Definitions of prose

  1. matter of fact, commonplace, or dull expression
  2. ordinary writing as distinguished from verse
  3. The ordinary language of men in speaking or writing; language not cast in poetical measure or rhythm; -- contradistinguished from verse, or metrical composition.
  4. A hymn with no regular meter, sometimes introduced into the Mass. See Sequence.
  5. Pertaining to, or composed of, prose; not in verse; as, prose composition.
  6. Possessing or exhibiting unpoetical characteristics; plain; dull; prosaic; as, the prose duties of life.
  7. To write in prose.
  8. To write or repeat in a dull, tedious, or prosy way.
  9. To write prose.
  10. Ordinary spoken or written language; language without meter: opposite to verse.
  11. To write in a form not verse; to write or speak tediously or uninterestingly.
  12. Pertaining to composition that is not verse; dull; tedious.
  13. The direct, straightforward arrangement of words, free from poetical measures: ordinary spoken and written language: all writings not in verse.
  14. Pertaining to prose: not poetical: plain: dull.
  15. To write prose: to speak or write tediously.
  16. PROSER.
  17. Discourse not in verse; dull, unimaginative writings.
  18. Prosaic.
  19. To discourse in a dull, tedious manner.
  20. To write or say in a dull manner.
  21. Prosaic; prosy.
  22. Speech or writing without meter.
  23. Unmetrical or unrhymed composition; ordinary language.
  24. To write in prose; to make a tedious relation.
  25. The ordinary written or spoken language of man; the opposite of verse or poetry.
  26. To write in a dull tedious style.
  27. Relating to prose; not poetical; dull; unromantic.

Usage examples for prose

  1. The Essays of Abraham Cowley, including all his Prose Works. – The Great Musicians: Rossini and His School by Henry Sutherland Edwards
  2. When fairly launched in a prose composition, he writes from two to four hours a day, seldom five. – Methods of Authors by Hugo Erichsen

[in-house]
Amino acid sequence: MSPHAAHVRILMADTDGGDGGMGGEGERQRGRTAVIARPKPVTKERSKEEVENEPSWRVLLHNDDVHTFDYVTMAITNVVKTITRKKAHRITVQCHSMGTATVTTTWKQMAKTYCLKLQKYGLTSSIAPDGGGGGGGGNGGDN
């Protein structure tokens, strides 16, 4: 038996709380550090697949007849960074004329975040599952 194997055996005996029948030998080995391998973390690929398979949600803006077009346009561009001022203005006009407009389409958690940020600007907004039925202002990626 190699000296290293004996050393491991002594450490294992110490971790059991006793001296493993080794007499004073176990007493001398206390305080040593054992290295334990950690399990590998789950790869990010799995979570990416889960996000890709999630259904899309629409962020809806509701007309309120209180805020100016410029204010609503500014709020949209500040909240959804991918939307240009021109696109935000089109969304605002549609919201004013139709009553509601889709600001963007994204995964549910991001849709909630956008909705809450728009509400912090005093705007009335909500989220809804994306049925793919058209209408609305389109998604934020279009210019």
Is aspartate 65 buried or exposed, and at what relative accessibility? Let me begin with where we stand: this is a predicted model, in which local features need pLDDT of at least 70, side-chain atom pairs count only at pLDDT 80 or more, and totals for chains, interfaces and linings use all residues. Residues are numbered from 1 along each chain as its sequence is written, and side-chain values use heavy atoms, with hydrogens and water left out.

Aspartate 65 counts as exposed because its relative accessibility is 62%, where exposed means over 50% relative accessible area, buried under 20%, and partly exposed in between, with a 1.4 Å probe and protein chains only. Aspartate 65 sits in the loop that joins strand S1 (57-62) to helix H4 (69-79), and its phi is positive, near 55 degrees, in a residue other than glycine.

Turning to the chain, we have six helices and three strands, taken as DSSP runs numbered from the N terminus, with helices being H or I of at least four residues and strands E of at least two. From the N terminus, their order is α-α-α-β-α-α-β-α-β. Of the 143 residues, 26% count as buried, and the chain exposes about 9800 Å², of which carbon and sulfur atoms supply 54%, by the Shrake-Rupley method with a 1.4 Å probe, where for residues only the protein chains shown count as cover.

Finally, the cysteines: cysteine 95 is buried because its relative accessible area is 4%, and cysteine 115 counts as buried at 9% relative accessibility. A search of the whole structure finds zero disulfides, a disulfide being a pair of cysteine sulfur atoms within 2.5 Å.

3. We are reading neither prose nor poetry; it is too real for the ideal, and too ideal for the real. – Views and Reviews by Henry James
  4. She was wont to say that for her part she liked only what was perfectly true, by which it is believed she meant prose. – The Danvers Jewels, and Sir Charles Danvers by Mary Cholmondeley
  5. " And, to descend from poetry to plain prose," said Mr. George, " I think we had better take advantage of the fine weather to go to Broek to- morrow." – Rollo in Holland by Jacob Abbott
  6. What a knack you have, Peggy, of turning everything into prose! – Doctor Cupid by Rhoda Broughton
  7. His admirers have also praised him as a prose writer. – Paul Verlaine by Stefan Zweig
  8. Under every picture was a legend in Hildegarde's hand, in prose or verse. – Hildegarde's Harvest by Laura E. Richards
  9. 1798- 1868. Poet and prose writer. – A Brief Handbook of English Authors by Oscar Fay Adams
  10. A translation into modern English prose. – Beowulf An Introduction to the Study of the Poem with a Discussion of the Stories of Offa and Finn by R. W. Chambers
  11. Perhaps the only prose work of permanent value he produced in these years was the life of his mysterious friend, Richard Savage. – Dr. Johnson and His Circle by John Bailey
  12. It is not poetry, but solemn prose that a man must reap the same kind of seed that he sows. – Sowing and Reaping by Dwight Moody
  13. The journey through Upper Egypt was at this time perfectly open and safe, and the legs and feet of the statue are covered with names, and inscriptions in prose and verse, of travellers who had visited it at sunrise during the reigns of Hadrian and the Antonines. – History Of Egypt From 330 B.C. To The Present Time, Volume 11 (of 12) by S. Rappoport
  14. Whether these two works were in verse or prose is unknown. – The Ship of Fools, Volume 1 by Sebastian Brandt
  15. We write poetry, Charles, in order to improve our prose. – The Passionate Elopement by Compton Mackenzie
  16. " I don't know," said Gerald, returning to prose. – The Enchanted Castle by E. Nesbit